That evening, at sunset, people brought to Jesus those who were sick or demon-possessed.  The whole town gathered near the door.  He healed many who were sick with all kinds of diseases, and he threw out many demons. But he didn’t let the demons speak, because they recognized him. (Mark 1:32-34, CEB)

It’s a straightforward thing, healing those who are broken in body. But whatever the underlying spiritual condition or psychiatric diagnosis of those afflicted by demons takes us into territory that is less measurable, some kind of super-natural wilderness journey. Does Mark mean that the evil spirits are silenced, or the people who have been troubled? Further down, Jesus also calls upon a man with a skin disease to be silent, but the man doesn’t listen; he goes on his way and tells whoever he feels like telling! Jesus asks him, but doesn’t prevent him. I guess it’s because this guy with refreshed skin and a happy new outlook on life knows he has been healed in body, and could point to the person who healed him, but has no real idea who has done it for him.

Some evangelical voices have gotten pushback over the past week or so for suggesting that mental health issues are entirely spiritual issues. I’m not going to link to them, but I will say one made a statement on Twitter and some others made remarks during a women’s conference. As a person who lives with chronic depression, which is sometimes no problem and other times a significant factor in my daily life, I can testify that there are times when my life in a faith community and my personal spiritual practices help, but there are others when they do not, and I’ve long since moved past thinking that how well I do the practices or how active I am at church can make all the difference, or that God is not helping out enough, but I also know that most of the time, in most situations, it helps that I have those resources, except for the times when it really, really doesn’t.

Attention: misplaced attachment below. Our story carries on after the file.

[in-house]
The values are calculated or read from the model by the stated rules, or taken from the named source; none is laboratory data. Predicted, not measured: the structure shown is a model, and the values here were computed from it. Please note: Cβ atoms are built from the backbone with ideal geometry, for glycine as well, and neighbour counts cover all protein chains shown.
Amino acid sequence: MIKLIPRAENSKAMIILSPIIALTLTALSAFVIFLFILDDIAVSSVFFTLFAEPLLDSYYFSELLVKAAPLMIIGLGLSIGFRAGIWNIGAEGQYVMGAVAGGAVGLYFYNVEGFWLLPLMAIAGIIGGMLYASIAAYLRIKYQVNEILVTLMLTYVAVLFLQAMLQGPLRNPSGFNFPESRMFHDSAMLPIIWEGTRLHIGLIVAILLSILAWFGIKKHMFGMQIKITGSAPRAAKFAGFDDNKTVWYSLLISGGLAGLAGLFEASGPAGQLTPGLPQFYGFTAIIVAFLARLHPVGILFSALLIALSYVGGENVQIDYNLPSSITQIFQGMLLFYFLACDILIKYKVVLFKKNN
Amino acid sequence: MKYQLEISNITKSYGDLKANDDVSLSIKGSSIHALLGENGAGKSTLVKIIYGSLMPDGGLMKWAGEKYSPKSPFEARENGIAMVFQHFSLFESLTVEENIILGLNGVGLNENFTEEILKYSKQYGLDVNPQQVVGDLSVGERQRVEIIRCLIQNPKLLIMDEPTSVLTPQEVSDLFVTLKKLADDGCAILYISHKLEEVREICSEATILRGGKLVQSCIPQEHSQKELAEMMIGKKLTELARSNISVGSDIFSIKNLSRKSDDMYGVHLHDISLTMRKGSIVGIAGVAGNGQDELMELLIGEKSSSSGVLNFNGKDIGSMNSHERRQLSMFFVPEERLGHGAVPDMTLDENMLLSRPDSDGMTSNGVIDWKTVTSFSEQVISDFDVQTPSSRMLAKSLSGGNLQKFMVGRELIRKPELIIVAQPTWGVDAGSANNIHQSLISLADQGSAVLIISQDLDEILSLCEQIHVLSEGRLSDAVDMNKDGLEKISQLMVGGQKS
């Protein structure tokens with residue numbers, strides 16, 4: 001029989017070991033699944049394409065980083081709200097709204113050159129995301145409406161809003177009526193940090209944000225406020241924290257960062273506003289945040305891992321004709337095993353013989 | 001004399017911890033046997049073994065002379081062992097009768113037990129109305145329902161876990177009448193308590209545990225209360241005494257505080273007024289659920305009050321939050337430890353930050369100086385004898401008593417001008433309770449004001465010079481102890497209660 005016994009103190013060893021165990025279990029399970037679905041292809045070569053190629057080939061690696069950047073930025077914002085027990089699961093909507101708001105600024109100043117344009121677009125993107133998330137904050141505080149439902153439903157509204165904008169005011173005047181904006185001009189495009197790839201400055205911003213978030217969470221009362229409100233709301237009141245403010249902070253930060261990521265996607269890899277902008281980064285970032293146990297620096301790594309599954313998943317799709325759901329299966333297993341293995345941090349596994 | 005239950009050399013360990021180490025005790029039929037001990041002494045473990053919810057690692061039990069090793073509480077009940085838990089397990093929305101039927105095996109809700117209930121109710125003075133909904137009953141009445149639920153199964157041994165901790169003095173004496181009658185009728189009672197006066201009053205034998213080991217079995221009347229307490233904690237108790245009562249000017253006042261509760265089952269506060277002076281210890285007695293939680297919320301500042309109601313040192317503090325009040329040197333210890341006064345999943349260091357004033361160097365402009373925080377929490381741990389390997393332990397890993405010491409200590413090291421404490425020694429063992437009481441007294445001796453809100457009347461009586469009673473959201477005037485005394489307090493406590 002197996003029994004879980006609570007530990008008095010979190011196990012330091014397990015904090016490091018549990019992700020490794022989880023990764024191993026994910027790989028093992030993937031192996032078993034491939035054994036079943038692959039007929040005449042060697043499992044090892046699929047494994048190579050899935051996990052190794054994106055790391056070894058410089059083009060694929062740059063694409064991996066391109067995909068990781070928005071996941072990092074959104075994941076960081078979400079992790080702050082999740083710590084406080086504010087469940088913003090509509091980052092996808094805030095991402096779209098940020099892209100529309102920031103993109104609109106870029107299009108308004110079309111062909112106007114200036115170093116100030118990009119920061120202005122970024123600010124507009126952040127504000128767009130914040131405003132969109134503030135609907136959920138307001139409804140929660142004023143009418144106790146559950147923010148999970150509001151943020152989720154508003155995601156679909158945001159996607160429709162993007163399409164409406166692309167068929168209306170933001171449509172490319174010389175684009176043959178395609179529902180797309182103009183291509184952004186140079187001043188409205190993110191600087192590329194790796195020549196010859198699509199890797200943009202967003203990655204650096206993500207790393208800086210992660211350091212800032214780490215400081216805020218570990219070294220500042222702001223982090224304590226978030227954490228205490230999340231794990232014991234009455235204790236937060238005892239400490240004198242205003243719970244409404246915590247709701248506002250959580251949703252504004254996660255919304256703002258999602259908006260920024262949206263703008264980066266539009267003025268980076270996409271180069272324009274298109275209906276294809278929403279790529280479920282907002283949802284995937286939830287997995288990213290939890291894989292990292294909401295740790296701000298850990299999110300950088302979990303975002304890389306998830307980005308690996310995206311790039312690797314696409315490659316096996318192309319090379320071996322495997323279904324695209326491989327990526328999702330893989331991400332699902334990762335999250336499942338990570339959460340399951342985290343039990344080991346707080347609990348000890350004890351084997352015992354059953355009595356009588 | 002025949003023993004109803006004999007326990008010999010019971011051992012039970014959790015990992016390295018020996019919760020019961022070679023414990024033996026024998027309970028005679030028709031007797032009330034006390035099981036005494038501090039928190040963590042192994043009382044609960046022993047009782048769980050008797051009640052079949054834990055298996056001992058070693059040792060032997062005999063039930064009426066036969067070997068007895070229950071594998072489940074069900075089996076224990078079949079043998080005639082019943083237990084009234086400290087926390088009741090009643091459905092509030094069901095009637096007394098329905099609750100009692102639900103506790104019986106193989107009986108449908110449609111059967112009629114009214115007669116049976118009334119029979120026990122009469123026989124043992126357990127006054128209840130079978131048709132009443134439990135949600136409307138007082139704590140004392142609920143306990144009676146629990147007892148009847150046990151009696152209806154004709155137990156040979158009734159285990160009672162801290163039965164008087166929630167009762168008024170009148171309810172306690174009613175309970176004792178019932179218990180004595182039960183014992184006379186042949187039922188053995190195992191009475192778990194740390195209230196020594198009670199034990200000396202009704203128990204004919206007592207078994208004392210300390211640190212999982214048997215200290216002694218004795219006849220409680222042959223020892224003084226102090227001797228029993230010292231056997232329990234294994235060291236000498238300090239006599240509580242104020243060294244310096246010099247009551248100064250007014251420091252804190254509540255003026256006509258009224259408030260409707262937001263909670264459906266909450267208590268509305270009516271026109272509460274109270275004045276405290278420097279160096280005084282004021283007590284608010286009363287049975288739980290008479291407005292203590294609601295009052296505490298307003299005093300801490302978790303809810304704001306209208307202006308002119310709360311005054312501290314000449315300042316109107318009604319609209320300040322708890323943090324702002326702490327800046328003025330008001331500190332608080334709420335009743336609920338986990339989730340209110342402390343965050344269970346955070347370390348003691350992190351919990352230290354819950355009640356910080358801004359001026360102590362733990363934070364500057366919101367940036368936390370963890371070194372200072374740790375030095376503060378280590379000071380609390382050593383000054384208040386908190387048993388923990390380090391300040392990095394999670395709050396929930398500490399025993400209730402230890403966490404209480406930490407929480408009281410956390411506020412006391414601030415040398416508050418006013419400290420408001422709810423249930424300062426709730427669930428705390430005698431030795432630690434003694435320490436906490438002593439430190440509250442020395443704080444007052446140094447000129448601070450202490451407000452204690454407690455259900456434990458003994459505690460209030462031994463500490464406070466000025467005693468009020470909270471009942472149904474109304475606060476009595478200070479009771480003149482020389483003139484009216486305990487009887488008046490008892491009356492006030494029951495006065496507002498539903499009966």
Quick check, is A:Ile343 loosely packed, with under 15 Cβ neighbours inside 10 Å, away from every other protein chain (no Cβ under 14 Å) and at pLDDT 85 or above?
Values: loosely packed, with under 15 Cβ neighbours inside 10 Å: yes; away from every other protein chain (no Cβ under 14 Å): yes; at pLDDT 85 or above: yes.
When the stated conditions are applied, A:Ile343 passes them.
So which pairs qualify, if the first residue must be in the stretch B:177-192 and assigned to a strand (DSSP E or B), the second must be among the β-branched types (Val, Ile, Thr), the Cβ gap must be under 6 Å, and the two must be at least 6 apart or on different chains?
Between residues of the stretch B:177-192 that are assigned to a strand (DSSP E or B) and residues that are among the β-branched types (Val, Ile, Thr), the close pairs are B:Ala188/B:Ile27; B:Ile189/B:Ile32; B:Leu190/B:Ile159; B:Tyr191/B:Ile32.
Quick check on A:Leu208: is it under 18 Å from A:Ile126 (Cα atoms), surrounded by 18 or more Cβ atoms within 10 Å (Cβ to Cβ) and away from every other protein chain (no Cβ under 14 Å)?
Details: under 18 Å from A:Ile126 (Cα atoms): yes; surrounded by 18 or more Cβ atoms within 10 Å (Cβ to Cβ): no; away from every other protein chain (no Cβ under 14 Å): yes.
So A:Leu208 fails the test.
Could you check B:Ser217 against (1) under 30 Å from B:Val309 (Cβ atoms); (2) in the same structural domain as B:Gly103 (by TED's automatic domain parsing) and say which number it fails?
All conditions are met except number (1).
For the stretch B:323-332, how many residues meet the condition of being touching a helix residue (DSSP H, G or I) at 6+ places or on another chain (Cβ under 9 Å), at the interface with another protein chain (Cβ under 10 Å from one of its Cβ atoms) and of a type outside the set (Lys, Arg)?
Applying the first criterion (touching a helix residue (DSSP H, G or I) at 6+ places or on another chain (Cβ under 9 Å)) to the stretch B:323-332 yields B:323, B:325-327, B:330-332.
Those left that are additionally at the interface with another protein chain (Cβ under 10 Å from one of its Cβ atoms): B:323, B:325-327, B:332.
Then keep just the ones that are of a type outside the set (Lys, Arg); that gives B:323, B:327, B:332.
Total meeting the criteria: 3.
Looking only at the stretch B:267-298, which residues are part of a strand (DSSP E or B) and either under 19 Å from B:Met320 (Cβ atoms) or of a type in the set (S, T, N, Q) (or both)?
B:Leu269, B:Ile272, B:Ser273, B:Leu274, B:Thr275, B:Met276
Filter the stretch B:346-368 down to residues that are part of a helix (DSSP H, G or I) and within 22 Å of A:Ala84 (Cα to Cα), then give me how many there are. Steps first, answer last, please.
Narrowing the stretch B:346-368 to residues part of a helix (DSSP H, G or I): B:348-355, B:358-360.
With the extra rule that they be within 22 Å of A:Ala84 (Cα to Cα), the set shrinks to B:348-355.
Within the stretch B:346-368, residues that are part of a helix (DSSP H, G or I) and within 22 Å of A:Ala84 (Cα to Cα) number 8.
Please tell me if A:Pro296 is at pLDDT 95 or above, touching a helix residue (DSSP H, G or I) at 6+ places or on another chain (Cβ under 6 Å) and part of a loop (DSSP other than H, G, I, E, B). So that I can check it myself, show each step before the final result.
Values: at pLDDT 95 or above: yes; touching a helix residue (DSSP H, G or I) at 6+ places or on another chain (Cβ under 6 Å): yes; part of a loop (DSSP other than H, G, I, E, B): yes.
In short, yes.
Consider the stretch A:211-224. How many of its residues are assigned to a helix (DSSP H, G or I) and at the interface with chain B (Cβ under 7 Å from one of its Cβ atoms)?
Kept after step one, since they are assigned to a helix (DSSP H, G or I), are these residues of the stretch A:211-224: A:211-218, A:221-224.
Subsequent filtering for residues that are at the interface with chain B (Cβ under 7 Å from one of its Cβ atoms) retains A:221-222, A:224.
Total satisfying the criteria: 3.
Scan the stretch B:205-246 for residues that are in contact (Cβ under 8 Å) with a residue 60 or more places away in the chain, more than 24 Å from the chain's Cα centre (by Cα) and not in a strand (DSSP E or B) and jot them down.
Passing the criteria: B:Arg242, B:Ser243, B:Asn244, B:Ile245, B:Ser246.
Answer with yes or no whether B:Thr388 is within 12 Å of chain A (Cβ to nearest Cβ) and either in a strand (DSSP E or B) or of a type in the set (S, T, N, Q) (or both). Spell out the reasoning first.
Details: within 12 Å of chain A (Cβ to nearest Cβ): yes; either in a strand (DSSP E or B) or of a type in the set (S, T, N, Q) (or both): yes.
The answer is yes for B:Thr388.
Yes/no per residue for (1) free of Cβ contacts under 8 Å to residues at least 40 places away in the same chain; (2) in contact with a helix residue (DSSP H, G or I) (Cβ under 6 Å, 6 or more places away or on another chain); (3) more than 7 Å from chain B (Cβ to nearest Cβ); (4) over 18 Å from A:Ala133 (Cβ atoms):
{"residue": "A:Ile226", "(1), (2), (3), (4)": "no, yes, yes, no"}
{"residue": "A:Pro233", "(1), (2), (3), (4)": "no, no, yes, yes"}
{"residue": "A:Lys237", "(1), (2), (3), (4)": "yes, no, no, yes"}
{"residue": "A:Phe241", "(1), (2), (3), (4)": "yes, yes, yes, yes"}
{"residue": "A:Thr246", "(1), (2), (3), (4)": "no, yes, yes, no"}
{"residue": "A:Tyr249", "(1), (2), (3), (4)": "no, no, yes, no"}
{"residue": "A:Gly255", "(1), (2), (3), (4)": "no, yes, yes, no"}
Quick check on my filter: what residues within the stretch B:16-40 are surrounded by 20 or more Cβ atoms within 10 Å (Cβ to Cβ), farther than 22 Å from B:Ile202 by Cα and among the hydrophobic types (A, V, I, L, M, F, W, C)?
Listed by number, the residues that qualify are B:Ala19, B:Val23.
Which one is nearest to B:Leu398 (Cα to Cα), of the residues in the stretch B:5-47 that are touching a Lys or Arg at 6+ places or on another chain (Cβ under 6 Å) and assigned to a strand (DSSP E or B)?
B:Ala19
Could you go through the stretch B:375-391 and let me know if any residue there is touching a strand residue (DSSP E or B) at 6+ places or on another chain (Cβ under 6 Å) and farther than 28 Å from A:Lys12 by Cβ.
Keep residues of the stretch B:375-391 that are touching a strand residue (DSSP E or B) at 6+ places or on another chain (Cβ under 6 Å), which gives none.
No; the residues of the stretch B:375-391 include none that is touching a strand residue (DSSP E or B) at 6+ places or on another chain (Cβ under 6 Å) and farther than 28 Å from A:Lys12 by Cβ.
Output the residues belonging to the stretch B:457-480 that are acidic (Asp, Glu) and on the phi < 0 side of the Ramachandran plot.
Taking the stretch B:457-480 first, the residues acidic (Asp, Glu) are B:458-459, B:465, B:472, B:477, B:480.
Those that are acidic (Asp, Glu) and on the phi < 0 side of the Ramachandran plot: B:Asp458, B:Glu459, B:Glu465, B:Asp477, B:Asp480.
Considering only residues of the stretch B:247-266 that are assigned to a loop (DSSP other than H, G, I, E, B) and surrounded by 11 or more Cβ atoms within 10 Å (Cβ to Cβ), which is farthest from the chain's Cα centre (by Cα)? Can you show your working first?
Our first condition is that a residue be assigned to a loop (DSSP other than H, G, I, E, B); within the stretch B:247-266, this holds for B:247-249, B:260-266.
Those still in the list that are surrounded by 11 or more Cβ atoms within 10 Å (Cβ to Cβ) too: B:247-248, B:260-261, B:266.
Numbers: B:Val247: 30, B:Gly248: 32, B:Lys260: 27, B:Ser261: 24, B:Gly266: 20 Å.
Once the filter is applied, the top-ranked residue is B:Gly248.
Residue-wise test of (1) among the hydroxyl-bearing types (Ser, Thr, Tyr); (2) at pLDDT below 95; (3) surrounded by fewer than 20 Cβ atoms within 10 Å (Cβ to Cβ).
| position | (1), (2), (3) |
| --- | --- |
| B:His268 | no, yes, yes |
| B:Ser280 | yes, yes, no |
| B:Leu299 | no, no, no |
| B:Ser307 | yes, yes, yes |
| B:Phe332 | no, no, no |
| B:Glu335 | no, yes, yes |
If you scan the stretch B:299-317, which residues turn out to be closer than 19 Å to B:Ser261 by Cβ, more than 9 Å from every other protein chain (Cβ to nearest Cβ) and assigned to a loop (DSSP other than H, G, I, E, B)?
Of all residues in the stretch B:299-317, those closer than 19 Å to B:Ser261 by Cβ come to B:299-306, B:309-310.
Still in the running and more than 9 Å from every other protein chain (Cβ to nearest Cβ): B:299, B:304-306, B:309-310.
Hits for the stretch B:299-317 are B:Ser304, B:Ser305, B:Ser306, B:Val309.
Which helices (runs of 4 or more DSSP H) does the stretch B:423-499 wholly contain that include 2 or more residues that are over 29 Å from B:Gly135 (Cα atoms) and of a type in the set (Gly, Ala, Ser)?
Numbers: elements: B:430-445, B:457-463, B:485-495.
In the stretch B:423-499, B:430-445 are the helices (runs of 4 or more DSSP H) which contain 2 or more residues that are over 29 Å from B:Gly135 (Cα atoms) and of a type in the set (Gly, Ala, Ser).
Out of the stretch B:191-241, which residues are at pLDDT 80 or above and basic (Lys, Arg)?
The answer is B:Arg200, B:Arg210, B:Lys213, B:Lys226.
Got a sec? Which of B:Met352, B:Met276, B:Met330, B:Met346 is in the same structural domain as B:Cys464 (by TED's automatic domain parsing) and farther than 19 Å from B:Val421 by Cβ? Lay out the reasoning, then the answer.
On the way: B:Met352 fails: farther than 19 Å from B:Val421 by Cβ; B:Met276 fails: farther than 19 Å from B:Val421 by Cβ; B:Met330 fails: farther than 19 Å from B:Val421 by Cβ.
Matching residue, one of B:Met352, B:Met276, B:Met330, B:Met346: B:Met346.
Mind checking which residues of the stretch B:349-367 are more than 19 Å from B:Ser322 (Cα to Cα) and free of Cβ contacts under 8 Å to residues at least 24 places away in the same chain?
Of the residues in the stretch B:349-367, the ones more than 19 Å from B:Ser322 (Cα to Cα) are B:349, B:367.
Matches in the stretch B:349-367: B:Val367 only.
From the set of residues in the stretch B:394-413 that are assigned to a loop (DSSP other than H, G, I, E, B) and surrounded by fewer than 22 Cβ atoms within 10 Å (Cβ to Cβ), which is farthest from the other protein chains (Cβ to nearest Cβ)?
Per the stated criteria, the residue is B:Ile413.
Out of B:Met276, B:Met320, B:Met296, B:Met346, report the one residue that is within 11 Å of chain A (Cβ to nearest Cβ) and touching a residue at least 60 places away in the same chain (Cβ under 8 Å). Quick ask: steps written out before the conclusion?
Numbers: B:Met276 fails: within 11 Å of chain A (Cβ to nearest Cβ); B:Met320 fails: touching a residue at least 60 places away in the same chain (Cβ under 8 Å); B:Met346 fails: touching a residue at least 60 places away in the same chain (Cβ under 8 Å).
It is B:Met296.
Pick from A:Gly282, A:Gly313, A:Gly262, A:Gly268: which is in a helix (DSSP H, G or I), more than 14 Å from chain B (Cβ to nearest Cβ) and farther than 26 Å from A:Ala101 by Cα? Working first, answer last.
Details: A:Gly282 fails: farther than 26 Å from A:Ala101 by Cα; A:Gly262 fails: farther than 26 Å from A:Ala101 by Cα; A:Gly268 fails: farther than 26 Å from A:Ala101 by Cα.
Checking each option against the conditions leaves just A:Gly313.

That’s a terrible attempt at a sound-bite.

Recently I heard Suzanne Stabile say that she has noted a trend among church leaders in her circles to have a semicolon embroidered on their stoles or to have a semicolon tattoo on their wrists, so that people in church who struggle with mental illness will know it’s safe to talk to their pastors and other faith leaders. The point of the semicolon, as described by Project Semicolon, is that you are the author of your own life; like a sentence punctuated with a semicolon, it’s not over.

I’m glad that my story did not end when I was most depressed, more than twenty years ago, and at serious risk of dying by suicide. I’m grateful for the people I was able to trust, somehow, who understood that brain chemistry was no reason for shame and that my identity as a person of faith both helped and made things harder. They were so good to me, and along with the medical and mental health professionals who treated me, they saved my life.

Jesus is going to move on to other territories; he has more to do than heal people in one neighborhood or one community of their physical or mental or spiritual afflictions, which sounds okay if you don’t have any of those challenges, I guess.

He’s going to move on because he has something else to say, and a story to reveal about himself, even though he’s not ready yet for anyone to know it.

Healing God,  it’s hard to put you into a few words, but let me try. Thank you for coming among us. Help us to remember that the story is not over


I’m reading and blogging about Mark for Lent. Want to read along? I’m using the Common English Bible because it messes with my expectations of familiar passages. I am also referring to NRSV-based resources including The Jewish Annotated New Testament, the New Interpreter’s Study Bible, as well as the online Greek interlinear Bible. Tomorrow I’ll be reading Mark 1:29-45. You can find the full schedule here, including links to earlier posts..